Living the book that they will publish
SWEDISH JOURNALISTS GO WILD|
The Lucky Horse Corrals
Willy and Torsten went over to view the horses at the Lucky Horse Corrals where orphan foals found on the range are cared for and where mature horses rounded up by the state are held for adoption. They wanted to see how some of the "graduates" from the corrals were doing. As we had now come to expect, they didn't just stand outside the fence to shoot photos and interview Shirley.
Finding that great itchy spot.
Rio checking Willy's notes.
Gentling a wild horse
Willy and Torsten wanted to have a sense of what was involved in gentling and training a wild horse. We asked them if they wanted to try gentling one, with appropriate coaching, of course. They thought it would be a great idea.
We picked out Rusty, a 7 year old Virginia Range gelding, from the group of horses at the Lucky Horse Corrals. Rusty is one of several horses rescued from the state corrals by Lifesavers Wild Horse Rescue that are being temporarily cared for in LRTC's
Lucky Horse Project. Rusty was chosen from the group of wild horses simply because he was photogenic. It turned out that he had the perfect temperament for this project.
We should have named Rusty "Cool Hand Luke" because he turned out to be level headed and took almost everything in stride. While the coach and students had to do things correctly in order to make progress, Rusty didn't overreact to small mistakes. He also seemed to think about what was happening rather than blindly reacting, and he would remember everything he was taught from one day to the next.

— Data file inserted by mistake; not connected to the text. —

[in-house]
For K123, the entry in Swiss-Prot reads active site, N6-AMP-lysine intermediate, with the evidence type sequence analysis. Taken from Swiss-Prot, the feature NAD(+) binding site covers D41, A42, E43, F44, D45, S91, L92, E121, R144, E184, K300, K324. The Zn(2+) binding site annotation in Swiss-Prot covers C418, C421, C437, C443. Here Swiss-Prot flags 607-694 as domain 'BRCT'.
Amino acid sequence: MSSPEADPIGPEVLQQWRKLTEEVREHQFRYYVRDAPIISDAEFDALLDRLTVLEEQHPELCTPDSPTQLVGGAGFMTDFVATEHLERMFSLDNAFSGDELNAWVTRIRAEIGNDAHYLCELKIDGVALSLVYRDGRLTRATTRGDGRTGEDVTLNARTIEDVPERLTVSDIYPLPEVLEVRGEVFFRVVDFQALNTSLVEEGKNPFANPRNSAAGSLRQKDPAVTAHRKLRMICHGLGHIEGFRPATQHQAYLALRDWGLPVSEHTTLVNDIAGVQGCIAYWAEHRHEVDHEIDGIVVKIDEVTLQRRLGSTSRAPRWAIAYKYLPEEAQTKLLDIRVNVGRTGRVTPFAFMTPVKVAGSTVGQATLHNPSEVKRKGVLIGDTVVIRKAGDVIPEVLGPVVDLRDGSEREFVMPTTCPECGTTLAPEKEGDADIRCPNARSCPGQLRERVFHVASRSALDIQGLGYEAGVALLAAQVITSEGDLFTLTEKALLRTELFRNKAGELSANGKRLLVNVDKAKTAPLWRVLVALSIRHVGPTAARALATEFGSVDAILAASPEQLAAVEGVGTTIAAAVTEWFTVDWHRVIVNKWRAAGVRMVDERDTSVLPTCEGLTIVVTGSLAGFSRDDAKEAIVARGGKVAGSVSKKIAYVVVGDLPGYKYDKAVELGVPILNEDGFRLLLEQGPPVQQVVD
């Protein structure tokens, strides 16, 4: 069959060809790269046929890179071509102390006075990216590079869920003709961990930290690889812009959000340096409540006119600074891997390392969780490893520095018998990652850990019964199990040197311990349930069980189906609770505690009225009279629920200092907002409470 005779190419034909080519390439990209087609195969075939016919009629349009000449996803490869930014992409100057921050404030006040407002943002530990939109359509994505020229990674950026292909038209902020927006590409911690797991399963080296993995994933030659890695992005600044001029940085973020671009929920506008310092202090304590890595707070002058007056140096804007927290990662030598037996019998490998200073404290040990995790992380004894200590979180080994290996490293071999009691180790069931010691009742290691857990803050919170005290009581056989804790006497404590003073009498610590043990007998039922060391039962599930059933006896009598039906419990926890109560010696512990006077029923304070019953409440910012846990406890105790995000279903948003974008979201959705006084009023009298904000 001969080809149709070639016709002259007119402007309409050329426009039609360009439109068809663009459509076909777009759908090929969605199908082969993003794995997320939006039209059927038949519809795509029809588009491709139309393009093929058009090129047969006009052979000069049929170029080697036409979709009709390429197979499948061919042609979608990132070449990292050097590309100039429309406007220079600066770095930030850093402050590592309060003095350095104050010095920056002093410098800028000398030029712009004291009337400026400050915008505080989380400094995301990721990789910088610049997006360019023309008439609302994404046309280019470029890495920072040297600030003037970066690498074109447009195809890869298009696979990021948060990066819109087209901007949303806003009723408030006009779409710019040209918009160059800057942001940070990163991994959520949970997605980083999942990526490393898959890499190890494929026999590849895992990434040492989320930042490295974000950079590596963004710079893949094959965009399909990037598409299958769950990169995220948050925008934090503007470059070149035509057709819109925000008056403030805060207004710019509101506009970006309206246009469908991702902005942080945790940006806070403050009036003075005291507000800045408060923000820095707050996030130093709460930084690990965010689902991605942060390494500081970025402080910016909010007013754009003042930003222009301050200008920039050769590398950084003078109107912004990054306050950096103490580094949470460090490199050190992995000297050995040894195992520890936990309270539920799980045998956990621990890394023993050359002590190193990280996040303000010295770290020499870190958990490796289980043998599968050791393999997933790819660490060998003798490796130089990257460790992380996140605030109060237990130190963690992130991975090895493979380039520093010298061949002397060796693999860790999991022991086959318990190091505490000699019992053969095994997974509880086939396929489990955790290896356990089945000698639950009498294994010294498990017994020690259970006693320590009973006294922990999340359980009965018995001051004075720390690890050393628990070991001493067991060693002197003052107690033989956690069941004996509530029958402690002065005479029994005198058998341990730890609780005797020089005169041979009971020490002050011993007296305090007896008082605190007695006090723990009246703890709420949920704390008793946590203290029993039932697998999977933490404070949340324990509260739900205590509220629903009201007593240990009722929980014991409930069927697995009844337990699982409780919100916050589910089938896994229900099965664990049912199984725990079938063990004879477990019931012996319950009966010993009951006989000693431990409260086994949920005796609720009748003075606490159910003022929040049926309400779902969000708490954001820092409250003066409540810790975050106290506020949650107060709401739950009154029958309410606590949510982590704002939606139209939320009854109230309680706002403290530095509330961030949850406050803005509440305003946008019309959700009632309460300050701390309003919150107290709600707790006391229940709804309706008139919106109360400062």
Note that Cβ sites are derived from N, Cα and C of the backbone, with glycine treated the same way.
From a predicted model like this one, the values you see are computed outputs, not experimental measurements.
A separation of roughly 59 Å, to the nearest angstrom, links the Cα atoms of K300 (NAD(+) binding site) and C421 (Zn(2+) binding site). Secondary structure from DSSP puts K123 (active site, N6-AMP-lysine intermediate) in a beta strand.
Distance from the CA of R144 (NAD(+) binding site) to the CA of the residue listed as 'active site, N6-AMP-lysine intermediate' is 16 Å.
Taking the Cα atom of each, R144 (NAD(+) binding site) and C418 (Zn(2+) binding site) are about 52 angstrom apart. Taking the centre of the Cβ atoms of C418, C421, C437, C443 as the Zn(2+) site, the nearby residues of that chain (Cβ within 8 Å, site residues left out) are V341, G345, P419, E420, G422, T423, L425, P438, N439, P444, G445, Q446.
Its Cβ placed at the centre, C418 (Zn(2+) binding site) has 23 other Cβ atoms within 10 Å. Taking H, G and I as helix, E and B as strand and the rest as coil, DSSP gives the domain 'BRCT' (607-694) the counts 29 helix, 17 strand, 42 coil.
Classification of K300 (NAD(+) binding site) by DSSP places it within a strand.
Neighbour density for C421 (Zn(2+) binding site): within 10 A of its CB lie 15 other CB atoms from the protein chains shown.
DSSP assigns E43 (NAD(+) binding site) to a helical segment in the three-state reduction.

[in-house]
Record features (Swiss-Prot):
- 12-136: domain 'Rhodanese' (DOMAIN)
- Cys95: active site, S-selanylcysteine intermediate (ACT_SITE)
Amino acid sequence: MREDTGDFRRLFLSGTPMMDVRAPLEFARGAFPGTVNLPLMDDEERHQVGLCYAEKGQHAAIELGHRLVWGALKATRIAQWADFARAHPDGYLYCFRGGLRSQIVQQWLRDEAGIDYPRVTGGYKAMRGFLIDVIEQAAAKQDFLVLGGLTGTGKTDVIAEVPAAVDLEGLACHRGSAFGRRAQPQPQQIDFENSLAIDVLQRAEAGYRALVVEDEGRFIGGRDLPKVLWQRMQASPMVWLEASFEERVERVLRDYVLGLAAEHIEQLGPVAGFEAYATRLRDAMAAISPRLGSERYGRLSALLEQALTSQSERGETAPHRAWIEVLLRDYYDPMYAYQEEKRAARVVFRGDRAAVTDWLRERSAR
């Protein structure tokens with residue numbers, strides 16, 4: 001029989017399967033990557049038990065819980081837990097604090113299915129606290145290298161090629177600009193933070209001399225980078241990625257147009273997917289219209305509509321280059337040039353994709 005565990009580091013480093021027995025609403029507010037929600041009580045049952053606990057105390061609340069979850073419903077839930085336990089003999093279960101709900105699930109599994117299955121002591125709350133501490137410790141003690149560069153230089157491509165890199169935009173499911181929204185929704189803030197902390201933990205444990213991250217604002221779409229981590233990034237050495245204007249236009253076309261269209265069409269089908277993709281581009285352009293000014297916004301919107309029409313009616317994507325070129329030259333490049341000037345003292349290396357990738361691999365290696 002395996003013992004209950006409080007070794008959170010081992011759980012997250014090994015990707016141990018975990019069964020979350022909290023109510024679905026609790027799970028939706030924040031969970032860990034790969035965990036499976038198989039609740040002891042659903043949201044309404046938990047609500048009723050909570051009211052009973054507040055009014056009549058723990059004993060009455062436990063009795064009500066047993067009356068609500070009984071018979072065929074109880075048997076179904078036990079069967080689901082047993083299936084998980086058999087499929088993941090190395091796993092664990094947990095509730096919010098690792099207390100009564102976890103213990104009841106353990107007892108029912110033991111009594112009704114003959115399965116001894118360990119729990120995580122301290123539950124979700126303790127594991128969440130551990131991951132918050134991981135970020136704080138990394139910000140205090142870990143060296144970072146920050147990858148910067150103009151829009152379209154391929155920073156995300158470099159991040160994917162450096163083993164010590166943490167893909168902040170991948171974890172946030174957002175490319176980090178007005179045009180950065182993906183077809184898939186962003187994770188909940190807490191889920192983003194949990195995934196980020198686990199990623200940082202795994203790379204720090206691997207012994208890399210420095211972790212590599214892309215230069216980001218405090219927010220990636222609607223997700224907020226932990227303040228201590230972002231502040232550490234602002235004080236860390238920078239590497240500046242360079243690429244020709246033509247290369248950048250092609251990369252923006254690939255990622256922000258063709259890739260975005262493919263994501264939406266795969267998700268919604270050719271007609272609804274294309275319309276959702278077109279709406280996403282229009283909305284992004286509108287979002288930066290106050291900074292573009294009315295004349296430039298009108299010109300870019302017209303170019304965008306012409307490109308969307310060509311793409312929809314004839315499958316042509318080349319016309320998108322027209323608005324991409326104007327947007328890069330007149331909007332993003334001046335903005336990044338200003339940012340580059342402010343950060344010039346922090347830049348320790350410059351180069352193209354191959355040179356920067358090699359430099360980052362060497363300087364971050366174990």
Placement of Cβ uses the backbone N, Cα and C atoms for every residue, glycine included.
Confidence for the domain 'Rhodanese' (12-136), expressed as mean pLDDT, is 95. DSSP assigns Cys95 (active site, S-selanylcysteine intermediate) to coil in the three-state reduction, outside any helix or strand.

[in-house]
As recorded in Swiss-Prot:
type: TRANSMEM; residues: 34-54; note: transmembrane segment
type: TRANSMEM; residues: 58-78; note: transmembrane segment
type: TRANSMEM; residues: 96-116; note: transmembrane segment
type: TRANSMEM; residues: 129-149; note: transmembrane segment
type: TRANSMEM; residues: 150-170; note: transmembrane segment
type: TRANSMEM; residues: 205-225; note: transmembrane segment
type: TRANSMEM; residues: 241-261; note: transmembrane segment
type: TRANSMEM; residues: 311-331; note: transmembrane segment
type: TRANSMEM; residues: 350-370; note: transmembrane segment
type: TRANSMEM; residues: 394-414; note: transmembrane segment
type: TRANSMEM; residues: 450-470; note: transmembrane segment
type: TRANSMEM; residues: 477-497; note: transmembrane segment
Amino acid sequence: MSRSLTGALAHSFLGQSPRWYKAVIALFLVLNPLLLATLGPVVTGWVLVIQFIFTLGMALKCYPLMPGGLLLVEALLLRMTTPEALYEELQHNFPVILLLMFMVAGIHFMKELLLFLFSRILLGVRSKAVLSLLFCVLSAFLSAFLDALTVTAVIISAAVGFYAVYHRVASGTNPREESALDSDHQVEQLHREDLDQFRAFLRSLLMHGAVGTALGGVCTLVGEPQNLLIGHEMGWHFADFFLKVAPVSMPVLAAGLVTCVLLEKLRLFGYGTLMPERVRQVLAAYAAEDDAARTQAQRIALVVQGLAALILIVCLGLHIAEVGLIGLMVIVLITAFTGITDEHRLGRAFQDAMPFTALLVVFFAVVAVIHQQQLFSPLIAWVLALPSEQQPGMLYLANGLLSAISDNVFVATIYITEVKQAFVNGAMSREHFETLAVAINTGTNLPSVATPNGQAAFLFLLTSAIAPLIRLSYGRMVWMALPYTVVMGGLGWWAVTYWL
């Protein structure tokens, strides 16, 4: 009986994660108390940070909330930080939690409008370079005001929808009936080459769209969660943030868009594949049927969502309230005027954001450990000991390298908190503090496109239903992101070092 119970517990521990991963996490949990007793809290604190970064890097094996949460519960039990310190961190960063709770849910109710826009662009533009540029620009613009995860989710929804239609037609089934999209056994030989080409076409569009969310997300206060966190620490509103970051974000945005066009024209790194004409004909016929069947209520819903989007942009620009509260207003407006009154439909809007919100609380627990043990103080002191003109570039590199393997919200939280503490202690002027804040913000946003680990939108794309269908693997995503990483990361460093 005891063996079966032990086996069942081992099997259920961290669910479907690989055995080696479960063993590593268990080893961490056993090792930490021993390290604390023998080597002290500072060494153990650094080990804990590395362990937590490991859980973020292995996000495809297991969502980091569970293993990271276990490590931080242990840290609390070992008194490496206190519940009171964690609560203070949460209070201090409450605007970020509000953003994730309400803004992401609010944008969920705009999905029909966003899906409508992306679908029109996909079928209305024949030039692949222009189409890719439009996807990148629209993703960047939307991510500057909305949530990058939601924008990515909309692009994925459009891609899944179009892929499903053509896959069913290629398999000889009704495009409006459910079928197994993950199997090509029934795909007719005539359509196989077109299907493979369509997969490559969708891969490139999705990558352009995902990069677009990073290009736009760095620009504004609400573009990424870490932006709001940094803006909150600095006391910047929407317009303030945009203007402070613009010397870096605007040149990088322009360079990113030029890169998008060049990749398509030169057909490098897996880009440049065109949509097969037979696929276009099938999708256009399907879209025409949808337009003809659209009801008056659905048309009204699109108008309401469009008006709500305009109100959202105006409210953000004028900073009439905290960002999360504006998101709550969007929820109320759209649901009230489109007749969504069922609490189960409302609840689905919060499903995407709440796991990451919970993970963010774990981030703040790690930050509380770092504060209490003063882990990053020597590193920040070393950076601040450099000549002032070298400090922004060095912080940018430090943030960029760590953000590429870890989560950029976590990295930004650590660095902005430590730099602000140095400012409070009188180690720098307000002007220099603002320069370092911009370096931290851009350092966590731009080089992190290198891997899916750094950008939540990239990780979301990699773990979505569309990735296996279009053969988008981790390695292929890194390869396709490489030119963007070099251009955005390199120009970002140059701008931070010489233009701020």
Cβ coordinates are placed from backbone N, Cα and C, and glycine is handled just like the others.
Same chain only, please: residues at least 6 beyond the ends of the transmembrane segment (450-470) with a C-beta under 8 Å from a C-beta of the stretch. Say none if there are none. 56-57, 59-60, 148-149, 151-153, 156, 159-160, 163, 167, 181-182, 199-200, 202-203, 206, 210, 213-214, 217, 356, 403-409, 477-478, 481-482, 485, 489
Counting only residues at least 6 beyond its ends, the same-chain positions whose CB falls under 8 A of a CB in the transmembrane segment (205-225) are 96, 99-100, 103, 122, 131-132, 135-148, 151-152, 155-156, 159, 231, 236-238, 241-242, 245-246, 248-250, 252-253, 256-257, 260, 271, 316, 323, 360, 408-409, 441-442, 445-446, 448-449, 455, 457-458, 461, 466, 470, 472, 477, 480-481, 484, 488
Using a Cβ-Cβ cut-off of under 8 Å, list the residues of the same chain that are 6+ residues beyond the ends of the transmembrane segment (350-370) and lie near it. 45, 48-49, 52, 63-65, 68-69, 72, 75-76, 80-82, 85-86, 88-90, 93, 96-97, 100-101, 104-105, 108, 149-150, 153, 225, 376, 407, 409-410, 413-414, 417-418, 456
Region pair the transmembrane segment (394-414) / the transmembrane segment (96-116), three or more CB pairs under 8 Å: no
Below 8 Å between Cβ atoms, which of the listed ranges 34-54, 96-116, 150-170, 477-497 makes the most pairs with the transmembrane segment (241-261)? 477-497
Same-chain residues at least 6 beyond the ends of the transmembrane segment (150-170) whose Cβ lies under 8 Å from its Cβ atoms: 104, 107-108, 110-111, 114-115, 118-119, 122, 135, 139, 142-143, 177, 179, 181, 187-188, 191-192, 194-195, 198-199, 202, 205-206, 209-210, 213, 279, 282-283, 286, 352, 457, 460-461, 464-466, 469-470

The first day (late Tuesday afternoon) was spent making contact with Rusty with a bamboo pole, scratching him, and ultimately making hand contact.
On day two (Wednesday) Willy, Torsten and Rusty learned about the sliding neck loop and the quick halter. Rusty learned to give to light pressure right away so the quick halter was replaced by a regular halter and lead rope, and within a few minutes Rusty was leading well, including going places outside of his pen. So long as Willy and Torsten stayed light on the line, so did Rusty, and the horse did amazing things for a horse that had been worked with for less than five hours.
Learning the sliding neck loop.
Giving to pressure in the quick halter.
Willy leading Rusty.
Walking over the log star.
We ended the session getting Rusty used to having his feet held, which he did so long as he didn't sense that we were trying to "trap" his feet.
Willy picking up a front hoof.
Nice job, Rusty.
Note: These photos may make gentling a wild horse look easy. Each success followed careful
work in which the horse was continuously evaluated and his willingness to comply was developed.